Obama Using Business CEOs Meeting to Apply Budget Pressure | us news

Obama Using Business CEOs Meeting to Apply Budget Pressure

16 Sep 2015 | Author: | No comments yet »

Obama Dusts Off Attack on Carried Interest for Budget Fight.

“There’s not a country out there, including China, that wouldn’t look at us with envy right now,” Obama told members of the Business Roundtable in Washington. “Our problem is not that China will out negotiate us or [Russian President Vladimir] Putin will out-strategize us.President Barack Obama is preparing to join the fight over the federal budget by pushing Republicans to scrap a tax advantage for private-equity Masters of the Universe.

He also pointed to a potential revenue source to pay for some of the increased investments he wants in infrastructure, education and scientific research — taxing so-called “carried interest” as ordinary income rather than as a capital gain, which is taxed at a lower rate. With two weeks left before a potential shutdown, Obama will outline for corporate CEOs on Wednesday a tax increase on income earned by fund managers, called carried interest, a White House official said. The proposed change is aimed primarily at managers of some types of private investment funds who pay a lower tax rate on their income than do many individuals. Our problem is us, typically.” He went on to criticize some Republicans for opposing the extension of the Export-Import Bank, infrastructure projects and other initiatives he said should be bipartisan. “The notion that we are not doing them right now is primarily because a faction within one of our parties has gone off the rails and sees a conspiracy around everything, or simply is opposed to everything I’ve proposed even if they used to propose it, that’s a problem,” Obama said. “I think it’s important for you to step back and take a look at because you still have influence on at least some of those folks.” “Democrats are willing to work with Republicans right now as we speak, but it should be over legitimate questions of spending and revenue not on unrelated ideological issues,” Obama said. “You’ll recall two years ago, Republicans shut down the government because they didn’t like Obamacare. He noted, without naming them, that some Republican presidential candidates, primarily Donald Trump and Jeb Bush, have voiced support for increasing taxes on carried interest. “If we close the tax loophole, we could double the number of workers in America’s job-training programs, we could help another 4 million more students afford college,” Obama said.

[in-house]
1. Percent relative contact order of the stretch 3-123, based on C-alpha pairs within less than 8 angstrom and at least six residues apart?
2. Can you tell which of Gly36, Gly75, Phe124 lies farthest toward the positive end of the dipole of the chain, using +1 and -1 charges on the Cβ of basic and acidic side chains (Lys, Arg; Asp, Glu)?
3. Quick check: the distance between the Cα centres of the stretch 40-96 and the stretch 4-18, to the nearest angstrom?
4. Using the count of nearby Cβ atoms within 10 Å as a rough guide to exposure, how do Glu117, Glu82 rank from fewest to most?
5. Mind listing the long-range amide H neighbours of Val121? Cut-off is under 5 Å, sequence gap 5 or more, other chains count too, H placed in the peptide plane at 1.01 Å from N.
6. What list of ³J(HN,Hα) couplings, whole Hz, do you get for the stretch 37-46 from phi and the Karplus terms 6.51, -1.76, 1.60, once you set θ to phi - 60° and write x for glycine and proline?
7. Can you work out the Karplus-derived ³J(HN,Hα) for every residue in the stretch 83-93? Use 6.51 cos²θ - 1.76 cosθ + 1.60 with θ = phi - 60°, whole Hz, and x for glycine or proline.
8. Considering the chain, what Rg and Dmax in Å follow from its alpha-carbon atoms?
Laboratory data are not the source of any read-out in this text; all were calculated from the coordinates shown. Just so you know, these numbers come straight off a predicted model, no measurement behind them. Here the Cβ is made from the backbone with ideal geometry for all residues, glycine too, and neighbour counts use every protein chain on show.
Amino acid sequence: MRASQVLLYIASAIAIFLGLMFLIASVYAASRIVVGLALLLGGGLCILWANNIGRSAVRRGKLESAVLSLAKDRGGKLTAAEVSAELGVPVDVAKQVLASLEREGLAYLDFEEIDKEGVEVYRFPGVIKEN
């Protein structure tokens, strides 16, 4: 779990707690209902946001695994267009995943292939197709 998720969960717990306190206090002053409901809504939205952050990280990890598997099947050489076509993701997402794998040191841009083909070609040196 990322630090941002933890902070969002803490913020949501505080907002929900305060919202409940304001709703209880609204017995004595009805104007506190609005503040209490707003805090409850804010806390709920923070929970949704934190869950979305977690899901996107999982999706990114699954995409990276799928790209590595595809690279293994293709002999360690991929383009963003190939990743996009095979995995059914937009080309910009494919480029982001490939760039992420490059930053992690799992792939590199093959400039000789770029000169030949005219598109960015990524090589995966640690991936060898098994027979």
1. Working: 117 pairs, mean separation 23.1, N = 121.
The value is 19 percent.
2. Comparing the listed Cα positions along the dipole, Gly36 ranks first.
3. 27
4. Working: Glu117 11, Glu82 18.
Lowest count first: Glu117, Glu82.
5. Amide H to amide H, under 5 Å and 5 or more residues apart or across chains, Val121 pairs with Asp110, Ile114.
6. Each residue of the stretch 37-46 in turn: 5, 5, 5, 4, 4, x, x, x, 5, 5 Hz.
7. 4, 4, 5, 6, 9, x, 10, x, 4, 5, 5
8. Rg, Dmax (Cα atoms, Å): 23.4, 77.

This approach “is an example of how we can maintain fiscal responsibility while at the same time making the investments that we need to grow,” he later added. His latest push comes as rising income inequality has made hedge fund managers the target of both Democrats and Republicans seeking the 2016 presidential nomination. He said it’s doing better than those countries who have embraced spending cuts to climb their way out of tough economic times and that “perennial gloom and doom” descriptions are perpetuated by the presidential campaign that will determine his successor.

In taking his message to CEOs at a Business Roundtable event Wednesday, Obama will be highlighting a division between Republicans in Congress and some Republicans running for president on an issue important to Wall Street. He said, “America is great right now,” and later warned against “name-calling” in negotiations with China, a near-certain reference to GOP presidential candidate Donald Trump. But Senate Majority Leader Mitch McConnell, Kentucky Republican, has said there won’t be a government shutdown over that issue or any other. “Today some are suggesting the government should be shut down because they don’t like Planned Parenthood,” Mr.

Jeb Bush, both of whom support closing tax loopholes, which Obama has long supported. “You’ve got two leading candidates on the Republican side who said we should eliminate the carried interest loophole. The group is worried about a potential standoff regarding the budget, and further down the road, raising the debt ceiling. “Predictability is critical to spur investment and unlock economic expansion and job growth,” said Randall Stephenson, chairman of the trade group and CEO of AT&T Inc. Obama also said that he intends to raise the issue of cybersecurity with Chinese President Xi Jinping when he hosts the Chinese leader for an official state visit at the White House next week.

The president confirmed that the U.S. is preparing sanctions against Chinese companies that are believed to be stealing trade secrets from U.S. firms. “This will probably be one of the biggest topics that I discuss with President Xi,” Mr. Bush faces the kind of do-or-die moment most top-tier candidates confront later in the primary process—a chance to revive a campaign that has shattered fundraising records but sunk as low as 6% in recent national polls. Bush said Jeb “needs to show he’s the tough-minded guy we know he is.” If he doesn’t, the former aide said, “Well, you know, it might be over.” Biden rips Trump’s ‘sick’ immigration views: Vice President Joe Biden, who is weighing a late entry into the Democratic presidential primary, lashed out at Donald Trump on immigration on Tuesday.

He has threatened to veto every spending bill Republicans have produced so far because they would provide less money for the government than he requested. The vice president called Republican front-runner Trump’s message “sick” and predicted it “will not prevail.” Trump has roiled the GOP field with his call to remove millions of people living in the U.S. illegally before allowing some to return. All unmanned aircraft will be prohibited from those cities, as well as their surrounding communities, from Sept. 22 through Sept. 27, the Federal Aviation Administration announced.

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